PathLocDB - Pathway Localization database with subcellular localization of metabolic pathways and participant enzymes - parsing the flat data

I recently tweeted about PathLocDB, a novel and comprehensive database for localizing biological pathways and the pathway's driving catalytic force  - enzymes.  The database was created and curated by Min Zhao and Hong Qu (The open access publication is recommended for creative input on how to bring the data into a wider context).
The entire datasets are neatly available from this link , but will require some preprocessing if one ought to bring the data into a fast-accessible format (i.e. performant) depending on the user requirements. As such some fields are comprehensions of values with additional value delimiters.
An examplary entry (PLSP262 PL...Plant; SP...SuperPathway #ID) will look like this. Localizations are provided, as well as the associated Organism with that entry, whereas the Organisms -IDs have to be further resolved. Additional information for the Protein, the Pathway and the Protein Family is available within the dataset (which I will put up in my Datahub as SQL format shortly). Since the data contains directly the associated protein sequence of the data-entry, searching by homologies is straightforward as well, and makes the data more amenable to meta-analysis.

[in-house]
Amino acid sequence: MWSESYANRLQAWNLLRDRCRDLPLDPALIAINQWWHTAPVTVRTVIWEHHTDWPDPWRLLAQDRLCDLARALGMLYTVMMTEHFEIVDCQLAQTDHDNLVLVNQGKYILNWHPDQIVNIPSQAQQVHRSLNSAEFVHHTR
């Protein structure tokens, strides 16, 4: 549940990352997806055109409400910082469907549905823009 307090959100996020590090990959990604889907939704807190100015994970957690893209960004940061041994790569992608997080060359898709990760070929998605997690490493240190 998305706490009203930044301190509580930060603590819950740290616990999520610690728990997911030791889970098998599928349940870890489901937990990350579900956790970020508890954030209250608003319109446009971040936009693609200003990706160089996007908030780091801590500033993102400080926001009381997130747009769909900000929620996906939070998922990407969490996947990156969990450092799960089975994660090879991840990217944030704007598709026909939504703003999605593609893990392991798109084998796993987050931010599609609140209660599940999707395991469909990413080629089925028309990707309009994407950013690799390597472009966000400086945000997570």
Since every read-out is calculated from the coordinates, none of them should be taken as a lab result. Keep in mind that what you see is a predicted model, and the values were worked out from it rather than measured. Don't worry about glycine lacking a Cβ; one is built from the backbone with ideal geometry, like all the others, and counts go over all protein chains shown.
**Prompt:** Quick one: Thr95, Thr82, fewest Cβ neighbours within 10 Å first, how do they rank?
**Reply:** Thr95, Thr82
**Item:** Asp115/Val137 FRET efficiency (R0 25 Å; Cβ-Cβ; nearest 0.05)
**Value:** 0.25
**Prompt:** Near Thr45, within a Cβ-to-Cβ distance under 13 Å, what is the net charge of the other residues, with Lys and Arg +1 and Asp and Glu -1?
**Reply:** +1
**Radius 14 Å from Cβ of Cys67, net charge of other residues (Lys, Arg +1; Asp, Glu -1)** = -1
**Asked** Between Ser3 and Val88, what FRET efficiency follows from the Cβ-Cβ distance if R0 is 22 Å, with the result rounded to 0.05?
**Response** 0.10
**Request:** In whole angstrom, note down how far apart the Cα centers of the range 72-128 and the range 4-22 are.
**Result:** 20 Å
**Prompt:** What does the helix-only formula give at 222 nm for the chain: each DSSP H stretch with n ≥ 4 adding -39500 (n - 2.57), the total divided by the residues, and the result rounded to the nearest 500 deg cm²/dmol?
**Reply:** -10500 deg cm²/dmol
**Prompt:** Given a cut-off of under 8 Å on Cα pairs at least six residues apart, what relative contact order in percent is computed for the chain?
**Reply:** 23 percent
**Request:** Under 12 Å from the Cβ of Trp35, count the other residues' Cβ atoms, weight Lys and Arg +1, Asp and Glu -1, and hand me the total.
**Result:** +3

The PathLocDB Database (as self described) allows:
 " 1. searching and browsing the metabolic pathways by their subcelluar localizations and organisms
  2. systematic comparing the localization profiles of metabolic pathways between different organisms
  3. discover the potential regulatory mechanisms and suspicious localization of metabolic pathways
  4. clarify the pathway boundary from the view of subcellular localization
  5. discover the mechanism of intermediates communication between different subcellular localizations "

Data files
Despite the web-interface, all data is additionally provided as flat-files (files with usually tab separated values, with either '\r\n' or \n' as line terminator), in acknowledgement of open-access policies. Such files can easily be imported in an existing MySql or PostgreSql database via the LOAD DATA INFILE MySQL command (which should usually be preferred over the command line wrapper mysqlimport

Missing Data Headers
Unfortunately the headers of the provided flatfiles, were missing - compelling enough to write up this quick blog-post. 
The field's header could be quickly recreated  by piecing together the field-values from the web-interface, and information within the publication albeit incompletely: one of the fields with a three digit number remains unexplained.


Getting the all the fields into the desired end-format will likely take at least two runs. Truncate your table intermittently.

Preprocessing and Parsing out values